What if your company had a great and more frequent ability to discover more valuable things than those for which it is usually looking? How would you describe your company’s level of awareness and sagacity? Does your company ’feel lucky’? Inspiring questions and understanding serendipity might give some answers to these and other questions. In many respects the idea of serendipity carries with it a mystical undercurrent and even researchers do not agree about a precise definition. However, serendipity is never a ’happy accident’, it’s much, much more than that. The key elements in the process of serendipity include: 1) a prepared mind 2) an unexpected event, encounter, result or contradiction 3) insight and 4) value creation.
Not only is serendipity a process, but it is also a quality of mind. Here we like to refer to the original definition of serendipity coined by Horace Walpole and further elaborated by Robert K. Merton in his book The Travels and Adventures of Serendipity: ”Serendipity is a quality of mind, which through awareness, sagacity and good fortune allows one frequently to discover valuable things while seeking something else.”
This will lead us to new and inspiring territories. Is it possible to build communities and even companies with serendipitous quality of mind? How can we improve the capabilities in our communities and companies in this respect? Are there ways to increase awareness, to harvest sagacity and to find good fortune in organizational settings?
In the global business world great insights are rare and therefore extremely valuable. The competitive edge may sometimes be based only on one insight, which is successfully elaborated. Following the original definition by Walpole, serendipity is something unexpected or odd – event, results, encounter or situation/context – that triggers insight. Insight is the key element of serendipity and having an insight may eventually lead to value creation.
To understand the potential of serendipity in organizational settings, we may refer to Gary Klein’s new book “Seeing What Others Don’t – The Remarkable Ways We Gain Insights“. His previous books are about decision making, but in this new book Klein for the first time analyzes the ways we gain insights. He does that by studying real-life cases, not those clinical cases happening in the laboratory settings. And the key finding is fascinating, as Klein verbalizes it: ”Intuition is the use of patterns you have already learned, whereas insight is the discovery of new patterns.”.
Based on that statement it’s intriguing to compare serendipity and ’zemblanity’ – the opposite of serendipity. Zemblanity is according to William Boyd the ability of “making unhappy, unlucky and expected discoveries occurring by design” . Sounds like a traditional innovation process in a company, doesn’t it? So, let’s go for serendipity management instead!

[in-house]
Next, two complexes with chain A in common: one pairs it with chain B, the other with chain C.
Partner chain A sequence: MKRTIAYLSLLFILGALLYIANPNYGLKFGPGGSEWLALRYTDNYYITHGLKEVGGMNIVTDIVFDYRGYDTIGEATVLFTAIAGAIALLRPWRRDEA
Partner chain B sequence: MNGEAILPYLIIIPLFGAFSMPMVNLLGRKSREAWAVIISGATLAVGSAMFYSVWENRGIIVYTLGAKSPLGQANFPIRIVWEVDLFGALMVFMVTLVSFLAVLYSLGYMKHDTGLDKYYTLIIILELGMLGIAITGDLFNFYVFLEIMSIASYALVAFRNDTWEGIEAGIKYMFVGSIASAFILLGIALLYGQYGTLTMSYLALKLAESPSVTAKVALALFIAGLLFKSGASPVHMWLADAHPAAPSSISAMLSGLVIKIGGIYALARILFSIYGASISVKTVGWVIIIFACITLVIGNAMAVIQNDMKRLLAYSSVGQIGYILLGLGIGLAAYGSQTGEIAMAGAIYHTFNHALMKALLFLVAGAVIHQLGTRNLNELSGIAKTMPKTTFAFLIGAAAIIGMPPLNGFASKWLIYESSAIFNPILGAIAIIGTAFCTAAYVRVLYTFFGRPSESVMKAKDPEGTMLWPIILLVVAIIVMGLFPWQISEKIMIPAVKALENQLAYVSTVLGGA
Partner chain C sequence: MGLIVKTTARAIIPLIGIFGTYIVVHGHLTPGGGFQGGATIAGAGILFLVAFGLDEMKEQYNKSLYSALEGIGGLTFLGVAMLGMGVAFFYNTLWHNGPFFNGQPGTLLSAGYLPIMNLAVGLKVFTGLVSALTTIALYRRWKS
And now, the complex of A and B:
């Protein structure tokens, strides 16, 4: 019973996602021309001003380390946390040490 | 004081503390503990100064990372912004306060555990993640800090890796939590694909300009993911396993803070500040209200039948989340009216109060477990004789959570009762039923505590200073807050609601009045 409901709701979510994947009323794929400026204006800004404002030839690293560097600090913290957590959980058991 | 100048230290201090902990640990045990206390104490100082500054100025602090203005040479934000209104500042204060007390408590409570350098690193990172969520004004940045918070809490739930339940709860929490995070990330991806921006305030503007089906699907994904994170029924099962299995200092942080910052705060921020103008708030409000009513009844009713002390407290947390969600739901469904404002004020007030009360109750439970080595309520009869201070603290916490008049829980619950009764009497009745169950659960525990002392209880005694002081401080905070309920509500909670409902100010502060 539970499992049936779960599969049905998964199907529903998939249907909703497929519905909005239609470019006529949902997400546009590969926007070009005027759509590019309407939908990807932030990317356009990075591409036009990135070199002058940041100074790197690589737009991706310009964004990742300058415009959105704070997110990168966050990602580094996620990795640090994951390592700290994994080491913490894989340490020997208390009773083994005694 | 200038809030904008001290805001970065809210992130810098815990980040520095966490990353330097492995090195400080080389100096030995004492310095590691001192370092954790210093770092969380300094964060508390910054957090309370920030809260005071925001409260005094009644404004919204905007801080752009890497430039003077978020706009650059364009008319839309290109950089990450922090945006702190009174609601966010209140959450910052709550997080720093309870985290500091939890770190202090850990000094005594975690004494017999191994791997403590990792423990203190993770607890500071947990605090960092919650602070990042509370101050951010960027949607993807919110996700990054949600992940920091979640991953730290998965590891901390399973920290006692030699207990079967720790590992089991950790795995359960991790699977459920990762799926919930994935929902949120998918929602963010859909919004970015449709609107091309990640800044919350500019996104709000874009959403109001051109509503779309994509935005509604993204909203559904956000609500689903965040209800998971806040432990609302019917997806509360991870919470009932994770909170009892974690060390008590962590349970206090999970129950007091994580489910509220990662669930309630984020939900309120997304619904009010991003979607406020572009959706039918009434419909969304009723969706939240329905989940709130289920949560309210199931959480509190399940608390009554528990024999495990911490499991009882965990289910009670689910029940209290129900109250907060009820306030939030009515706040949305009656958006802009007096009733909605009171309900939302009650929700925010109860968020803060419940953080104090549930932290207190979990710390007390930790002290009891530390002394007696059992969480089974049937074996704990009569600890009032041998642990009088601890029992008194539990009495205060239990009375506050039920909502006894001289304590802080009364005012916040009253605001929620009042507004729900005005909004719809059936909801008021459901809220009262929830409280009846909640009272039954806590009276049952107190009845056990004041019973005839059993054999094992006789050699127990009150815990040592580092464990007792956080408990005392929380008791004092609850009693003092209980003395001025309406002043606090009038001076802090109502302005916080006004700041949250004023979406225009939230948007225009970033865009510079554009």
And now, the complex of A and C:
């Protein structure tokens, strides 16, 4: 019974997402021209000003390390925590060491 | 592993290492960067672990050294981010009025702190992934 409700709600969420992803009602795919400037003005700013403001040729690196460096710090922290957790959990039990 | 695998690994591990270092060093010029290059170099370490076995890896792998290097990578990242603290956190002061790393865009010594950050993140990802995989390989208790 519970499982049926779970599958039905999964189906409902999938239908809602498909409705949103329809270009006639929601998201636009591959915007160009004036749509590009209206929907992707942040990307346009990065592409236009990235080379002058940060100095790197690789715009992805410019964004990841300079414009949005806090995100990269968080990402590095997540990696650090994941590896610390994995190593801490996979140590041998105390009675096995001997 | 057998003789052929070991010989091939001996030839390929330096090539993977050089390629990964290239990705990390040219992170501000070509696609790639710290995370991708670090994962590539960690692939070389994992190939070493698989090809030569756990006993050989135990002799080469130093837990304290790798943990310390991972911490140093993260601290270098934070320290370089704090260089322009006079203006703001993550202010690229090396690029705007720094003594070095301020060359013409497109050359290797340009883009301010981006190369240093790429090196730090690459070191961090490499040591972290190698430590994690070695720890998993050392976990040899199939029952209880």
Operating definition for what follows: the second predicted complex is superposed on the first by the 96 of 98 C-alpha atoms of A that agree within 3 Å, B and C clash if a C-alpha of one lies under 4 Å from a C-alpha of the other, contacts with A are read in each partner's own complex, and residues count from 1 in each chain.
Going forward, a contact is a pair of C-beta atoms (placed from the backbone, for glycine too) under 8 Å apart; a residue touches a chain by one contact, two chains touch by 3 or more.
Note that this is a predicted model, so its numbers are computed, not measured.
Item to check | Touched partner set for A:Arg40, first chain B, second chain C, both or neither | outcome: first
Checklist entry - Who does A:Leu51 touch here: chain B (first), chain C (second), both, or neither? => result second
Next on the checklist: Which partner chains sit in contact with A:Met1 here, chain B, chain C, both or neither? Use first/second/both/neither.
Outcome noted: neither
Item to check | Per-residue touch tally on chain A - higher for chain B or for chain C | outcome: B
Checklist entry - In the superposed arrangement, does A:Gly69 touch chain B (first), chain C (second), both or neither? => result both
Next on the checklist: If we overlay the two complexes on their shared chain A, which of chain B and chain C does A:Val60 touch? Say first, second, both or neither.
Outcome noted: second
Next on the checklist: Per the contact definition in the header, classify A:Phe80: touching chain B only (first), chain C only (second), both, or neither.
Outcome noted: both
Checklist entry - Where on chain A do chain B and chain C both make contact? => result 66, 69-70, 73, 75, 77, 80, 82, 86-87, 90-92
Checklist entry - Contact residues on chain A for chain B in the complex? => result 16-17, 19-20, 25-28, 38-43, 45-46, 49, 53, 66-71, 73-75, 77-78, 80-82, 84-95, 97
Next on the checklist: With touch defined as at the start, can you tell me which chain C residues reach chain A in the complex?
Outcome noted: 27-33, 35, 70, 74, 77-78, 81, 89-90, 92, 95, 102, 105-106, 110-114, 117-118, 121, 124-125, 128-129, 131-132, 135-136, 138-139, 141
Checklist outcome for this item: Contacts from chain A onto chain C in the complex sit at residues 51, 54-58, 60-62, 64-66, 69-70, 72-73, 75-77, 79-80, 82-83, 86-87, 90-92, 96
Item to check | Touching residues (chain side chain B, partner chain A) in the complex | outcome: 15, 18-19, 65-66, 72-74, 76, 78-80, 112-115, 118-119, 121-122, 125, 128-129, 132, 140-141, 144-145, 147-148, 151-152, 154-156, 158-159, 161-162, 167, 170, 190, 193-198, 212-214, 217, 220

According to Gary Klein insight will be triggered by five factors:
– Creative Desperation
Most of these factors are identified also in the process of serendipity, creative desperation being the only one not having a direct serendipitous reasoning. Unexpected connections of ideas and people are in the core of serendipity, most cases are strongly related to this factor. Coincidences and curiosity are also often present when something serendipitous happens. But the notion of contradiction in this context is a kind of insight itself! Instead of having an open mind, it sometimes pays off to have a suspicious mind – also when serendipity is concerned.
There are ways to harness serendipity in organizational contexts. We have identified three main areas: 1) physical workspace design 2) virtual collaboration platforms 3) team building. To successfully implement these factors a certain ’extended enterprise’ thinking and a willingness to introduce ’intrapreneurship’ programs are required.
Physical workspace design out of these have not much academic serendipity research, where to refer. Yet, there are a quite a few practical examples starting from Pixar and up to Apple’s new headquarters, where the design aims at increasing the unexpected encounters of diverse people. However this is only one single element of serendipity, we like to call it ’coincidensity’, following Matt Biddulph who coined the term and Stowe Boyd, who uses it extensively. Coincidensity refers to the drive of increasing diversity and social density – but coincidence alone does not guarantee serendipity. So, physical workspace design has to include to design requirements also other elements of serendipity – the support for finding insight and the ability to create value.
The same applies also to virtual collaboration platforms and social media. They facilitate in great extent the ’coincidensity’ factor, but how useful they are in supporting finding insight… The team building activities have certainly a huge potential of mixing extended enterprise approach and serendipity management principles. In that respect new openings are welcome, also solutions that allow the emergence of ’devil’s advocates’.
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